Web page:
Dual Diagnosis: Alcohol and Bipolar Disorder
Bipolar disorder and alcohol use disorder (AUD) are often co-occurring conditions. Researchers are yet to understand exactly why people with bipolar disorder turn to alcohol and some believe that there may be some genetic factors, although more research is necessary to fully understand the link.
It is widely accepted, however, that because alcohol is legal and easily available, that many people turn to it to self-medicate and alleviate their anxiety and depression.
What is bipolar disorder?
Bipolar disorder is a mental health condition that causes extreme mood swings. A person suffering from bipolar disorder will often fluctuate between extreme highs of mania and hyperactivity to extreme lows of depression.
Contrary to popular belief, these intense mood swings do not change in an instant. More often, the intense feelings associated with bipolar disorder can last for several weeks at a time.
Symptoms of bipolar disorder
Symptoms of bipolar disorder differ depending on whether the person is feeling an intense high or an intense low.
Symptoms of hyperactivity and mania associated with bipolar disorder are:
- Excess energy
- Increased ambition and creative ideas
- Impulse buying things you would not normally buy or want
- Loss of appetite
- Less need for sleep
- Racing thoughts
- Talking very fast
- Increased appetite for things that bring pleasure, e.g., food, sex or alcohol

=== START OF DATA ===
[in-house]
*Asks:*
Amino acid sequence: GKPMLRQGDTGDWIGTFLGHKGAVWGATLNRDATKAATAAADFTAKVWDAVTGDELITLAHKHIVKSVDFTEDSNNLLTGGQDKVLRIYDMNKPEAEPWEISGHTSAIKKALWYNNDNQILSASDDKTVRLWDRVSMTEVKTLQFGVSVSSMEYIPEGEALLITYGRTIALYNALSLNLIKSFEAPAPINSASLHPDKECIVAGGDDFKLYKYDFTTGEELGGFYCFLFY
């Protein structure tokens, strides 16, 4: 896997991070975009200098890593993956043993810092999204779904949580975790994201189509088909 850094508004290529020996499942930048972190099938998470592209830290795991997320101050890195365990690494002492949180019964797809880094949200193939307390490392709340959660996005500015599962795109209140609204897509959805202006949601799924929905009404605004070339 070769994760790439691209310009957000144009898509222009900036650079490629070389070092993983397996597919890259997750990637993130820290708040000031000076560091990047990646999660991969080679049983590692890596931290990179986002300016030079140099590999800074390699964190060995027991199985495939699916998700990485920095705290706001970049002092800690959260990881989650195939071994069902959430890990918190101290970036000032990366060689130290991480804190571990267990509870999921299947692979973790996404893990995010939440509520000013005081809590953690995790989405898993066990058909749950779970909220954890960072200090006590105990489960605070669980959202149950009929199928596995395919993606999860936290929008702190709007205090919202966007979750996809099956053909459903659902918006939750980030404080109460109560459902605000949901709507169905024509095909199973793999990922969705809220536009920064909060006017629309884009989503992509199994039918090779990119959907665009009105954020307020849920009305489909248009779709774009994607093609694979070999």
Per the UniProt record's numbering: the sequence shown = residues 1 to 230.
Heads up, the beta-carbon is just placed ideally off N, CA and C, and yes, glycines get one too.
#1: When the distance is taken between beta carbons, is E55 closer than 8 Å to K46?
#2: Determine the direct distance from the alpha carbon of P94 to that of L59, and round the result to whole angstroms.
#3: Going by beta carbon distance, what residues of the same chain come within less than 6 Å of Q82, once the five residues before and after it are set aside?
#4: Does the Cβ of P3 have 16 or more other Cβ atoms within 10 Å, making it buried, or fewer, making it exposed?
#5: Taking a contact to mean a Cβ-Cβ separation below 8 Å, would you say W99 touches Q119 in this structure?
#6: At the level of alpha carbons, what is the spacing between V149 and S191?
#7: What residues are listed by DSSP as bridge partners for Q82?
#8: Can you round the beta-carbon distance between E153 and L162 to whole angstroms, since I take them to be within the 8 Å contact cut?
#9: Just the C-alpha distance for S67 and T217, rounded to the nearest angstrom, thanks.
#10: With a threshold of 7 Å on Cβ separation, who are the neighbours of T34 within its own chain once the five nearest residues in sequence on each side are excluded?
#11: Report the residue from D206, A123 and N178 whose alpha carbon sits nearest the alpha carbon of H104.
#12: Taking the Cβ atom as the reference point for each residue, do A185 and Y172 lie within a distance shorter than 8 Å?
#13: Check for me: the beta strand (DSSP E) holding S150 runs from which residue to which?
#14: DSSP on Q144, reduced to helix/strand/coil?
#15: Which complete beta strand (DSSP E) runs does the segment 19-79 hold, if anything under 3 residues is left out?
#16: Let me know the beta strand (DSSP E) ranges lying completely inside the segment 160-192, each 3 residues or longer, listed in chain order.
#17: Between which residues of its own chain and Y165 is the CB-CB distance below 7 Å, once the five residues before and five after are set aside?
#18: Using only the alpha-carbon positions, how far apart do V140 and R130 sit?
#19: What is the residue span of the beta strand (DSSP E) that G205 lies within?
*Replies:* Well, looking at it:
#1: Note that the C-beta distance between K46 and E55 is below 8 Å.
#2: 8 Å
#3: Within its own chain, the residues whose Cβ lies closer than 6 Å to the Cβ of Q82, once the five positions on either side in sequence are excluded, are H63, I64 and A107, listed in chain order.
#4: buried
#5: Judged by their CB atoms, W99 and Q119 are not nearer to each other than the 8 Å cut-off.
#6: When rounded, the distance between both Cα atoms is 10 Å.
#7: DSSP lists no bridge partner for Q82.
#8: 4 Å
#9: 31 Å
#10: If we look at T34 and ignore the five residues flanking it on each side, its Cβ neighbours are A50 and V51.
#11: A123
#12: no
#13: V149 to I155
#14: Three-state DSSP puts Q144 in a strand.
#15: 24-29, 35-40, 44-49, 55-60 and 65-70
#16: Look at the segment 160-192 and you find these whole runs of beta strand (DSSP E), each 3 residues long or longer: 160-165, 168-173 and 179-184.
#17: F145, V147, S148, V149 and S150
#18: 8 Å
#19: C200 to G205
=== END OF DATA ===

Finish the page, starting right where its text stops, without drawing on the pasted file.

Symptoms of depression associated with bipolar disorder are:
- Feeling worthless
- Suicidal thoughts
- Low self-esteem
- Lack of energy
- Persistent low mood
- Trouble concentrating
- Poor sleep patterns
- Lack of interest in activities
What causes bipolar disorder?
Researchers believe that many factors contribute to the development of bipolar disorder (1). Some of the main factors associated are:
- Genetics: People with a parent with bipolar disorder are more likely to develop the condition themselves, however, this heightened risk is minimal (2).
- Altered brain chemistry: Research suggests that there are some psychological and neurobiological differences in the brain chemistry of a person who suffers from bipolar disorder (3).
Types of bipolar disorder
The bipolar disorder varies in intensity and when a person is diagnosed, they will also be told how severe their bipolar disorder is by the type they are diagnosed with. The different types of bipolar disorder are:
- Bipolar I Disorder: This is the most intense type of bipolar disorder and people with bipolar I disorder often have severe fluctuations in mood. The manic episodes in someone with this type of bipolar disorder often last for up to 7 days and can result in in-hospital treatment. Extreme depressive episodes follow manic episodes and can last up to two weeks